ever. He would not deny that Great
Britain might now be disposed to avail
herself of the forbearance on our part tu
defeat entirely this object of the treatv
but he did not think it expedient at pre
sent for this government to take any step
w hich might bring on a conflict, not wilt
England alone, but Ler allies, including
the whole of Western Europe.
. The following bill was passed :
The laws relative to pilots on steam
boats, and especially the act of 1852, shul!
not be so construed as to affect, annul c
impare the force or validity of Slate law;,
regulating pilotage in its ports, harbors,
or cvar bars at. the mouths of river.-,
where such waters are within the terri
torial jurisdiction of such State.
A bill was also passed authorizing tic
Secretary of the Treasury to permit die
owner of any vessel to change the name
of the same, on the presentation of suf-
fie'pnt re.T.fina thorefbr. -A.Jjou.moJ.
HOUSE.
The following committee were anpuiut-
ed the Special Committee on the subject
of the. Eailroad between the Atlantic and
Pacific: Messrs. Denver, Cal., Word-
worth, El., Houston, Ala., Molt, Ohio,
Wells, Wis., Kidwell, Va., Jewett, Ky.,
McCarty, N. Y., Evans, Texas, Rcado,
N. C Wood, Me., Lindley, Mo., Kunkle,
Penn.
The Speaker nominated as Regents of
the Smithsonian Institute on the part of
the House, Messrs. Meaeham, Warner
and English.
A message from the President asking
an appropriation of three millions for tit
manufacture of additional arms, and pro
viding armaments and munitions of v.ar,
was debated, but not disposed of.
Mr. Meaeham of Vt. was excused frua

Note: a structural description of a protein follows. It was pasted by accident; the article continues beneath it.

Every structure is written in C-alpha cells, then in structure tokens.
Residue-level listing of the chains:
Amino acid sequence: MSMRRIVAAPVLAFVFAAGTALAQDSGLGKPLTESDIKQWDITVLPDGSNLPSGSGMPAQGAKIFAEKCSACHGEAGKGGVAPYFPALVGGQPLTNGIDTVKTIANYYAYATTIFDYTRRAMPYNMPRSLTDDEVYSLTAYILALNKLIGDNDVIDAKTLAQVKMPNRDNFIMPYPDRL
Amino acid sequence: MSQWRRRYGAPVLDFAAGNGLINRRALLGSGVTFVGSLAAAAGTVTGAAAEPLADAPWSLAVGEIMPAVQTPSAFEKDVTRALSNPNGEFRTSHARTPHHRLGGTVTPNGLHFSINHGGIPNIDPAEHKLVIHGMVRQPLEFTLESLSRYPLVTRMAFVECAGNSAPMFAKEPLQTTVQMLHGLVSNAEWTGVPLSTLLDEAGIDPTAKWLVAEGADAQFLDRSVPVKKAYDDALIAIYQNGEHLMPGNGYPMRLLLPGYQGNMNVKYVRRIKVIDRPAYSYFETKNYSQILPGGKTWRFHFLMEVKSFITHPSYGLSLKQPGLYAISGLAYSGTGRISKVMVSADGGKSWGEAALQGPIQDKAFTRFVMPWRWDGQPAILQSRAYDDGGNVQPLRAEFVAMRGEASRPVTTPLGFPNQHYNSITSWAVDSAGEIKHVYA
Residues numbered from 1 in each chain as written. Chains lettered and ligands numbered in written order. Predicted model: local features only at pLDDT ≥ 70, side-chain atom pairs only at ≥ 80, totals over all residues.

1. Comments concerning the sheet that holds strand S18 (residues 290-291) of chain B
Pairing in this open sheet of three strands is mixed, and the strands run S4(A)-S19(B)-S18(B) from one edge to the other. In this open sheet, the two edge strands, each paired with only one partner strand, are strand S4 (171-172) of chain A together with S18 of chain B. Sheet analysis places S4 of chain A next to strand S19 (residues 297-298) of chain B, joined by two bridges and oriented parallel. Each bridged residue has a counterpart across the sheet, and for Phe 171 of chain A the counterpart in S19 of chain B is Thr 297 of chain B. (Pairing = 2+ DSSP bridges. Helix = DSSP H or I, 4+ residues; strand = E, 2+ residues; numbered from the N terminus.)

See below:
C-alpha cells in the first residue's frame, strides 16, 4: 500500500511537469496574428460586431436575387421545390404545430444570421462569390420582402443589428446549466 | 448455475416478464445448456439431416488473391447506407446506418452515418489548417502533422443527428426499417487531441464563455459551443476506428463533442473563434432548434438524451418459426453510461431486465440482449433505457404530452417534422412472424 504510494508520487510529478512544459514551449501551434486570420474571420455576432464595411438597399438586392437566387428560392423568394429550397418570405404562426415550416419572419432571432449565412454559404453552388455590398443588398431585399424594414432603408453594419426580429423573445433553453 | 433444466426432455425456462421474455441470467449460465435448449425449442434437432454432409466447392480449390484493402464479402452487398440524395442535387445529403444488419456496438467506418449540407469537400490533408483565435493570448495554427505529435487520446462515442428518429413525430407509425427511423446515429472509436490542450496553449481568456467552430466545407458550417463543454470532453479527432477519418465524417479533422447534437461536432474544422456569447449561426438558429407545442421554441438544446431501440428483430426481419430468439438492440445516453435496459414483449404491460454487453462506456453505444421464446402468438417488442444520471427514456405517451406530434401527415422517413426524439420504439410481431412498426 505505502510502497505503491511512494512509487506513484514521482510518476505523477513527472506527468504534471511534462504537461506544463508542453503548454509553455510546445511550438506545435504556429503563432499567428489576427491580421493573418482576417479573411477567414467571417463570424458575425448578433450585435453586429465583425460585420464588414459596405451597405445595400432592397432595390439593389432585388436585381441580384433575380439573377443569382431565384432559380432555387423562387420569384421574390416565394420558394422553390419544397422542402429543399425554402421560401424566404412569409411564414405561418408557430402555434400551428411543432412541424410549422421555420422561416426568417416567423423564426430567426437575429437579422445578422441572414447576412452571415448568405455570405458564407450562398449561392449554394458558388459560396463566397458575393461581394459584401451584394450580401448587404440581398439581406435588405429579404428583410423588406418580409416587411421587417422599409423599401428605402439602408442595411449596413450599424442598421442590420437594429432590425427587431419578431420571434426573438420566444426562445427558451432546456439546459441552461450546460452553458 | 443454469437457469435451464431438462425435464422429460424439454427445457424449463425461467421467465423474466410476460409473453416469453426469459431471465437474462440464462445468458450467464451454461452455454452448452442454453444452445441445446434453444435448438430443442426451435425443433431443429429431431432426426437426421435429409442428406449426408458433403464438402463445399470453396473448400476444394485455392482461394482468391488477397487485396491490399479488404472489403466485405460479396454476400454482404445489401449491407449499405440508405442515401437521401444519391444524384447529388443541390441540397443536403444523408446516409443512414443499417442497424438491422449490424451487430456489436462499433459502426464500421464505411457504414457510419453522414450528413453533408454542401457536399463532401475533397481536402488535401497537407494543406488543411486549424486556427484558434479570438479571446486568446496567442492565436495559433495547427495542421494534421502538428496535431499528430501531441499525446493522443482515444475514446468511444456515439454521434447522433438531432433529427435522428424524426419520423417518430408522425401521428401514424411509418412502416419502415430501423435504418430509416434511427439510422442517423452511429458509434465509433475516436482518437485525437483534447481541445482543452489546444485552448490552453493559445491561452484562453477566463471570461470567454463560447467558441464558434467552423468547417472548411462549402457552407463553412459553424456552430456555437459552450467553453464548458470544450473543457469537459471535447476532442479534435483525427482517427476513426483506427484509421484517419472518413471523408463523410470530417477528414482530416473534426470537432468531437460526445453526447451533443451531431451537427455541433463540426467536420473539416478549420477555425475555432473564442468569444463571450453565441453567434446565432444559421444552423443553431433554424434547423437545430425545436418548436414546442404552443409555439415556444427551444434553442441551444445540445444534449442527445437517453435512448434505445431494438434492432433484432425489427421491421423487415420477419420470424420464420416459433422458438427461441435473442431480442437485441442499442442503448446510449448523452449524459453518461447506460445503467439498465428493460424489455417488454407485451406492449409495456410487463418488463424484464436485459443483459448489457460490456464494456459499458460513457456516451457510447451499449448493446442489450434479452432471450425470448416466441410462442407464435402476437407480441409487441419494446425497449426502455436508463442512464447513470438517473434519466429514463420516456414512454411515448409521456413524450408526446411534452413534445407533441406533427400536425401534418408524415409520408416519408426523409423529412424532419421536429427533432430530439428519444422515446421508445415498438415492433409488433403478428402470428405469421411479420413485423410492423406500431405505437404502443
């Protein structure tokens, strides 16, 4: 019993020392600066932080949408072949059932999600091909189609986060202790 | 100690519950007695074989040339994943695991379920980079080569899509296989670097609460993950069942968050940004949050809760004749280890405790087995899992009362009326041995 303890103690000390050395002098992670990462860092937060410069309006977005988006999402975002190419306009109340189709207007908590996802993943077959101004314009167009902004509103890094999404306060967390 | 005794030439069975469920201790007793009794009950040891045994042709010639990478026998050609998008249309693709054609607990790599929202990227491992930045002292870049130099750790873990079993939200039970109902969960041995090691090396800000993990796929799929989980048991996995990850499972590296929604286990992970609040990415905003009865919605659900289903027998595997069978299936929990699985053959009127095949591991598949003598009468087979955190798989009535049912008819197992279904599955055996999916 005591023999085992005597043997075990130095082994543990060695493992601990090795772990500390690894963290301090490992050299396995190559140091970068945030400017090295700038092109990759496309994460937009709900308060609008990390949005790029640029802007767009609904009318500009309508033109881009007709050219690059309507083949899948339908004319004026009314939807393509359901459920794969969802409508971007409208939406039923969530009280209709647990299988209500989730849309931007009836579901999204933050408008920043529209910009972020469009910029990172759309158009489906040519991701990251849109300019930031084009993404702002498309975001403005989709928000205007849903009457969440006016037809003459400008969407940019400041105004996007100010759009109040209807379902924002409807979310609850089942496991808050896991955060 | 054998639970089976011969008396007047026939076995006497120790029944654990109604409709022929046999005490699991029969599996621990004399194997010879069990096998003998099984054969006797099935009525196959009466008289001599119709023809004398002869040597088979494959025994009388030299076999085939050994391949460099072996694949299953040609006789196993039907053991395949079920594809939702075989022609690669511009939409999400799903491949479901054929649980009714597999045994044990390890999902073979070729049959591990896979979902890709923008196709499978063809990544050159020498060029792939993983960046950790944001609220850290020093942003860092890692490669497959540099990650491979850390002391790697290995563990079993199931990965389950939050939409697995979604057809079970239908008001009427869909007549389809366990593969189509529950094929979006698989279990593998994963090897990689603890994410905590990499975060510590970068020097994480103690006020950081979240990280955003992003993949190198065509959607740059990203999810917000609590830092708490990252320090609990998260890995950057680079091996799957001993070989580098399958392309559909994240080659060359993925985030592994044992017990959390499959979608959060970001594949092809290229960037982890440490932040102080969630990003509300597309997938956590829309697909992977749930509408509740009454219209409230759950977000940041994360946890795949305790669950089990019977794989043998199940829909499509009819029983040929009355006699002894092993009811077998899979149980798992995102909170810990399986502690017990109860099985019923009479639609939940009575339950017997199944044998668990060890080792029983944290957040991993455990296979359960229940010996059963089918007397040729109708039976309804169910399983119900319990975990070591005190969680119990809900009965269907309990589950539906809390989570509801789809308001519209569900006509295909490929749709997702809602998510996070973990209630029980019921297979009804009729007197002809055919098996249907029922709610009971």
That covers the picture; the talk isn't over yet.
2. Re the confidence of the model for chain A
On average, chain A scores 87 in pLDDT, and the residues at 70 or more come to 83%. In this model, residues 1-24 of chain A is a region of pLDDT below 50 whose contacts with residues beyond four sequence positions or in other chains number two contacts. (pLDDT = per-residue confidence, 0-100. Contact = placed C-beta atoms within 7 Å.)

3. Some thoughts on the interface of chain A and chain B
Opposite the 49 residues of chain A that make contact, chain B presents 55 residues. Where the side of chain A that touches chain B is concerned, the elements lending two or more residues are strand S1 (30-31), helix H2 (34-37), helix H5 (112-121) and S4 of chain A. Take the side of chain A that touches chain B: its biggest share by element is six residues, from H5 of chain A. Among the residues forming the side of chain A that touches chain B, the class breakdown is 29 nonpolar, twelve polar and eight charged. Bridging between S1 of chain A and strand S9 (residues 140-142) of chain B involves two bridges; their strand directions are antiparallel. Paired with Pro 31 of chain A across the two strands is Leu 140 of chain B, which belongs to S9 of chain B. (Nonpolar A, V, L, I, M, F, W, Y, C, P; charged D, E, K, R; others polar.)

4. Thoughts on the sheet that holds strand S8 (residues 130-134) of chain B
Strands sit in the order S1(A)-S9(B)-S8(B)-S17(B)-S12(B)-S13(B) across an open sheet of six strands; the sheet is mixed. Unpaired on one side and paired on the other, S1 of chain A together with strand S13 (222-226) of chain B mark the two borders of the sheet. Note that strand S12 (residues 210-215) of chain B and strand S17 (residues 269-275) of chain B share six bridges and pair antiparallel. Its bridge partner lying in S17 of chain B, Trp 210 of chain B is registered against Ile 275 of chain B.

serving as a regent of the Smithsonian
Institute. Mr. Campbell of Ohio, froai
the Committee of Ways and Mean?, re
ported bills to supply deficiencies in tfc
apppropriations for the support of tie
Military Academy, and for the pay meat
of invalid and other pensions.
Mr. Seward, while explaining the rea
son of his absence on the final vote for
the election of Speaker, alluded to tk
Order of Americans, and said that tli
American National Convention, by ig
noring the twelfth section of the ri
delphia platform, have placed theuwivi
precisely where the Republicans stari
la his opinion, there was a secret sym
pathy between them. He drffjidcd the
President from the charges of a weak
and vacillating course relative to Kansas.
I , Wasuijigtom, Feb. 27.
SENATE.
Mr. 'Wheeler, from the Military Ceni
mittee, reported a bill to increase the ef
ficiency of the army,' according to the re
commendation of the President in bi
message to the House yesterday.
The bill regarding fortifications in Cal
ifornia, Texas and Florida, was discus.
and recommitted to the Military Com
mittee, with instructions to report such
new works as may be necessary.
The appropriation bills for the pay
ment of invalid and other pensions
passed. ' Adjourned. " '
HOUSE.
Mr. Campbell of Ohio, from the Com
mittee of Ways and Means, reported tl
Indian appropriation bilL
. Mr. Grow from the Committe on Tef'
ritories reported a bill authorizing &
people of Oregon to form a State Gov
ernment. : Mr. Grow reported a bill annulling &
legislative acts of the Assembly of K'
6 as which requires certain oaths, inc8"
ding one to support the fugitive la x"